Paper sacks VS plastic bags

Paper sack production is more energy-efficient, uses fewer fossil resources as fuel and raw material, and relies on more renewable energy.

While each type has distinct emission profiles due to varied materials and processes, paper sacks generally fare better in emissions and resource consumption.

Climate change
Paper cement sacks have significantly lower fossil GHG emissions (71 g CO2e) than polyethylene ffs cement sacks (192 g CO2e). The emissions are 2.5 times smaller and therefore have a lower climate change impact.
Fossil energy consumption
The paper sack production is more energy efficient and climate-friendly: › 5 times less fossil resources are used as fuel input (0.97 MJ fossil energy/paper sack versus 4.72 MJ fossil energy/plastic sack). › 18 times less fossil resources are used as raw material within the sack (0.18 MJ fossil energy/paper sack versus 3.19 MJ fossil energy/plastic sack).
Renewable energy consumption
The paper sack system uses more renewable energy sources (0.19 MJ renewable energy/paper sack compared to 0 MJ renewable energy/plastic sack), reflecting the high degree of renewable energy utilization in the pulp and paper industry.
Other emissions into air
During the production process, polyethylene ffs cement sacks produce higher nitrogen oxides (NOx) and sulphur oxides (SOx) emissions (due to the higher consumption of fossil fuels) and higher emissions of the heavy metals lead (Pb) and mercury (Hg) into air. In contrast, paper cement sacks produce higher emissions of ammonia (NH3), non-methane volatile organic compounds (VOCs) and particulates into air.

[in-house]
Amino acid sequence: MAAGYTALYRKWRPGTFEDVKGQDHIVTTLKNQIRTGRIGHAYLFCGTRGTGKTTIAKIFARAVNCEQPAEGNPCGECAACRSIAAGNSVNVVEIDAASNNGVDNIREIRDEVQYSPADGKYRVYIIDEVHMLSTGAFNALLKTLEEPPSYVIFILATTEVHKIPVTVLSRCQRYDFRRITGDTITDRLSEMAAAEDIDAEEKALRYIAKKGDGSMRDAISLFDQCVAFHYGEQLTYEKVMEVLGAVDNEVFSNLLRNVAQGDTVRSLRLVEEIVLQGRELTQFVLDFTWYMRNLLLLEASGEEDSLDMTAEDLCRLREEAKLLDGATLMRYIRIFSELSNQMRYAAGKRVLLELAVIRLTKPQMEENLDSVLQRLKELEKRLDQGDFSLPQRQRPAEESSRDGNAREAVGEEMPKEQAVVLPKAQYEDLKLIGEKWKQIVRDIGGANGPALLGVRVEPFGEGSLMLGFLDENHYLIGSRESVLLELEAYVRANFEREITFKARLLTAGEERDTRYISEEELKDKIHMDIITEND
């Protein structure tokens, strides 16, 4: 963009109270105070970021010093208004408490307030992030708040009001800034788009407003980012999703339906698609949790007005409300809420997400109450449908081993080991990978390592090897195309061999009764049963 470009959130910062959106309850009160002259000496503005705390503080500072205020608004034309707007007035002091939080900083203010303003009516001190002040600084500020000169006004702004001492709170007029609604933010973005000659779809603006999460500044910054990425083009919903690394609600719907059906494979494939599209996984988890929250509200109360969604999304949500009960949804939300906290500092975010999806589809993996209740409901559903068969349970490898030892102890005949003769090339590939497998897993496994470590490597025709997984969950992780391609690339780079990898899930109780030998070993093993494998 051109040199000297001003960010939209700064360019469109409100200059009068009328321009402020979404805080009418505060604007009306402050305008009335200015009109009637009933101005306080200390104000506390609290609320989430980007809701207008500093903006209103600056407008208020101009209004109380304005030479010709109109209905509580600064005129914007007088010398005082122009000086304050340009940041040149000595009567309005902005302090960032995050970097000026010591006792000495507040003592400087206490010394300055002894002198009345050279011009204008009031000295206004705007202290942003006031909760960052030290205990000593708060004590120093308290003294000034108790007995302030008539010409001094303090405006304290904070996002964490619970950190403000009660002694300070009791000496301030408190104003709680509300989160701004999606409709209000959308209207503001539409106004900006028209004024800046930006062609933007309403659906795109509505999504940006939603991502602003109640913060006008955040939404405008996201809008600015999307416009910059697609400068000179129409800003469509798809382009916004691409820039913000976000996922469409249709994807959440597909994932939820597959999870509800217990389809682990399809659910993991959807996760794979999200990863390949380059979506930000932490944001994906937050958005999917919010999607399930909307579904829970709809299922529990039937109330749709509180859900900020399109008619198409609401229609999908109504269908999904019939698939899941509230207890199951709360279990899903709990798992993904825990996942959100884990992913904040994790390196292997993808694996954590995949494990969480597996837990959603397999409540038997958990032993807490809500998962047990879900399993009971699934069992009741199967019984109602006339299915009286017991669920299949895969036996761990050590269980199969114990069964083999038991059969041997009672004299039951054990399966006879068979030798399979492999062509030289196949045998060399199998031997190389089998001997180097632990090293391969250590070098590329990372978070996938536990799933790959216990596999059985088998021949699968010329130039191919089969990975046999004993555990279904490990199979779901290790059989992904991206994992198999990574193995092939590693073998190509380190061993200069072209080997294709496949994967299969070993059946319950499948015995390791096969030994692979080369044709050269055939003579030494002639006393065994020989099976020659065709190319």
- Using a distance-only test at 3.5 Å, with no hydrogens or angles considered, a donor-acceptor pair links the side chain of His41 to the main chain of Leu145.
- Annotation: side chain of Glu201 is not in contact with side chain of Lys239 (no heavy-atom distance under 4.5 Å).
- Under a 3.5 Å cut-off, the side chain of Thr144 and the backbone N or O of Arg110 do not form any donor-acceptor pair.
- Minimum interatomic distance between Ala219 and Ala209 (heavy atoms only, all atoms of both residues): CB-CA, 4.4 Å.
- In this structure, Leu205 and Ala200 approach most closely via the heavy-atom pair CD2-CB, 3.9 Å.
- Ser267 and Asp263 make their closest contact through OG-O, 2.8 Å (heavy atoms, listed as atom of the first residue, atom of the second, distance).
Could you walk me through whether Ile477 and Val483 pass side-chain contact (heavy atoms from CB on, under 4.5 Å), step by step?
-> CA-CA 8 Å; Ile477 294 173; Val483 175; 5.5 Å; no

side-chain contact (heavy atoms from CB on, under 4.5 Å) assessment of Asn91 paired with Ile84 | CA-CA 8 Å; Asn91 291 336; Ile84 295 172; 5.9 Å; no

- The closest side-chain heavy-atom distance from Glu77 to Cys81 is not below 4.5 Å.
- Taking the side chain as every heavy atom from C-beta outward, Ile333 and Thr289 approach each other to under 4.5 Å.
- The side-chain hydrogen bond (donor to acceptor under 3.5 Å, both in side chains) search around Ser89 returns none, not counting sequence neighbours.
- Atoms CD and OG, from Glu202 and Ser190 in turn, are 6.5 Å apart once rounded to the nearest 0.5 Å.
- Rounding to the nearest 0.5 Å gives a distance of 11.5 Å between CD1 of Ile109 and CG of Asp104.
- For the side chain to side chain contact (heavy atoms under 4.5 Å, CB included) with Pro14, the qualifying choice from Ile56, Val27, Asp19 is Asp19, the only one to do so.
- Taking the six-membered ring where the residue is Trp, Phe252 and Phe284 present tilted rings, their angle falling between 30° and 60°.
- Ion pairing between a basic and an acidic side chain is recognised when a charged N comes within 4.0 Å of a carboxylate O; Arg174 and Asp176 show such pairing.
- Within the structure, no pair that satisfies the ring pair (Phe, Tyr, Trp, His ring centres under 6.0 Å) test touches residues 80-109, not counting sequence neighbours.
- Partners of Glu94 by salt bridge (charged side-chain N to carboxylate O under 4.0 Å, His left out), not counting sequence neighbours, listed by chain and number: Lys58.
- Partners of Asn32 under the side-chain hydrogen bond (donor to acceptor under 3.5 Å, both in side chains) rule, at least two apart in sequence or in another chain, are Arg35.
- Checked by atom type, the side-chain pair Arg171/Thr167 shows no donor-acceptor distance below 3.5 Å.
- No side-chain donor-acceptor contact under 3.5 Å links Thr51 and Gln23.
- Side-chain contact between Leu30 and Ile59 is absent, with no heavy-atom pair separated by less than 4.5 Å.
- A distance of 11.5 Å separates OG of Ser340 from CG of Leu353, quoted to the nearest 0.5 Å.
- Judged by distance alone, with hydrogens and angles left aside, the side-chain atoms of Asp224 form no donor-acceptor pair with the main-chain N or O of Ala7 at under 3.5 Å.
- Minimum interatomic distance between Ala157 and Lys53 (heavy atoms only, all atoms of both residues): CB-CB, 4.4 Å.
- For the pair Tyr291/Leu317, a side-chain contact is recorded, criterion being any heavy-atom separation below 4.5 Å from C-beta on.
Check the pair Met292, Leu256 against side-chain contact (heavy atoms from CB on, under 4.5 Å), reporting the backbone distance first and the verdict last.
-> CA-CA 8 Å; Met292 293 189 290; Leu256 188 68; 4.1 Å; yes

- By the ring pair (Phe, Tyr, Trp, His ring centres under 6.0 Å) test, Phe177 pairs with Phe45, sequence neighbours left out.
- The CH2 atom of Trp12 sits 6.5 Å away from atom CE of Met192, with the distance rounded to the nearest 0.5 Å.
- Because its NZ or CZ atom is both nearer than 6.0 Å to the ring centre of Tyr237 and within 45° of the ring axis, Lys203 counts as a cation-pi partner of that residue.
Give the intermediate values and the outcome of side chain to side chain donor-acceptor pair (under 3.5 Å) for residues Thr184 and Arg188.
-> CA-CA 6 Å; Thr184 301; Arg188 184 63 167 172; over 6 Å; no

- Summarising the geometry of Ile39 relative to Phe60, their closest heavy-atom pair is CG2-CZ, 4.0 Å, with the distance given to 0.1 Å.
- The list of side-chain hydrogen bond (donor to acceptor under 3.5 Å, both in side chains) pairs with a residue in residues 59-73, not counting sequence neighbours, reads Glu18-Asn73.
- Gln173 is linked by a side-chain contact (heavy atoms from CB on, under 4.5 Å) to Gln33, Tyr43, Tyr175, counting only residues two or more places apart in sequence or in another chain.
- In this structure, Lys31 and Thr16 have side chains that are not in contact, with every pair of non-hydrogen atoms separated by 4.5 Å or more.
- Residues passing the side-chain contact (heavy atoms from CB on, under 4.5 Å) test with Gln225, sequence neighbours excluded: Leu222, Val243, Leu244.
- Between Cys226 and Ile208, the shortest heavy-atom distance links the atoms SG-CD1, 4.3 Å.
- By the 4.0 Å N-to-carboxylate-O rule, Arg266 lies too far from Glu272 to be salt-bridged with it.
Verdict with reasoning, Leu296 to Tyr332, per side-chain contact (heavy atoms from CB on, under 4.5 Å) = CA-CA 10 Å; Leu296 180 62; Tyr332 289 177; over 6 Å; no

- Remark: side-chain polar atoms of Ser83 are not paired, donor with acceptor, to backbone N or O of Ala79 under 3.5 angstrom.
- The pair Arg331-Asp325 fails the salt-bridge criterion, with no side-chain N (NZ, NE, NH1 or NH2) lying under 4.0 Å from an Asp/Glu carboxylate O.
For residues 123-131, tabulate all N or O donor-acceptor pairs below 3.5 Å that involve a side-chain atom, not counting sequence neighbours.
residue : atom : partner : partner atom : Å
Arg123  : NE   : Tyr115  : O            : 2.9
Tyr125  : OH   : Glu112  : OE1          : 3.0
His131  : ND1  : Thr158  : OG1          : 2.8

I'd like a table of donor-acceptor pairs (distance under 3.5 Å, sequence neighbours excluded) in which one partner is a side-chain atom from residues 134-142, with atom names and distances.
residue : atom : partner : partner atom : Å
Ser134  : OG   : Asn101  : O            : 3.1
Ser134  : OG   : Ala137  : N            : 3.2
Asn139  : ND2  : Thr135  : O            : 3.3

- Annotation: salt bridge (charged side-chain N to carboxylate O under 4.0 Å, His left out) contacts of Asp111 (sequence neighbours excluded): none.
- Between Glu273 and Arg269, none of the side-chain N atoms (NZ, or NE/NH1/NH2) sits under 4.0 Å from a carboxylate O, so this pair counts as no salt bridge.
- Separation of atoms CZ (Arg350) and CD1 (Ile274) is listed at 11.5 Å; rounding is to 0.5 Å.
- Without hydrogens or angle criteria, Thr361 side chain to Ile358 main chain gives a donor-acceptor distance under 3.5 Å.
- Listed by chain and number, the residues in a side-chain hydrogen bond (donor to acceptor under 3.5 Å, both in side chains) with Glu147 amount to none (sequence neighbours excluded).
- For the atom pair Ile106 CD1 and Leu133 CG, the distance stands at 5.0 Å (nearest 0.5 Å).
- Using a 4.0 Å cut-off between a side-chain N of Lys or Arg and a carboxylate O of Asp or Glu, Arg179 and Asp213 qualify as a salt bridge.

Source: EUROSAC website
Emissions into freshwater

The polyethylene ffs sack production emits more heavy metals into freshwater, while the paper sack production emits more organic substances into freshwater.

Paper sacks and polyethylene ffs sacks have different emission profiles because they use different raw materials, processes, energy requirements and mixes. That is the reason why the results cannot be directly compared in all aspects. Extending the system boundaries to include three different end-of-life scenarios.

GHG Emissions and Resource Consumption

The results show that the relative standing of emissions for the two different packaging alternatives remains unchanged.

Considering fossil resources consumed as raw material for the two packaging alternatives, the polyethylene ffs sack has a significantly higher consumption and therefore also higher GHG emissions. This remains true also for the recycling scenario, even when a credit for offset virgin polyethylene production are included in the system boundaries.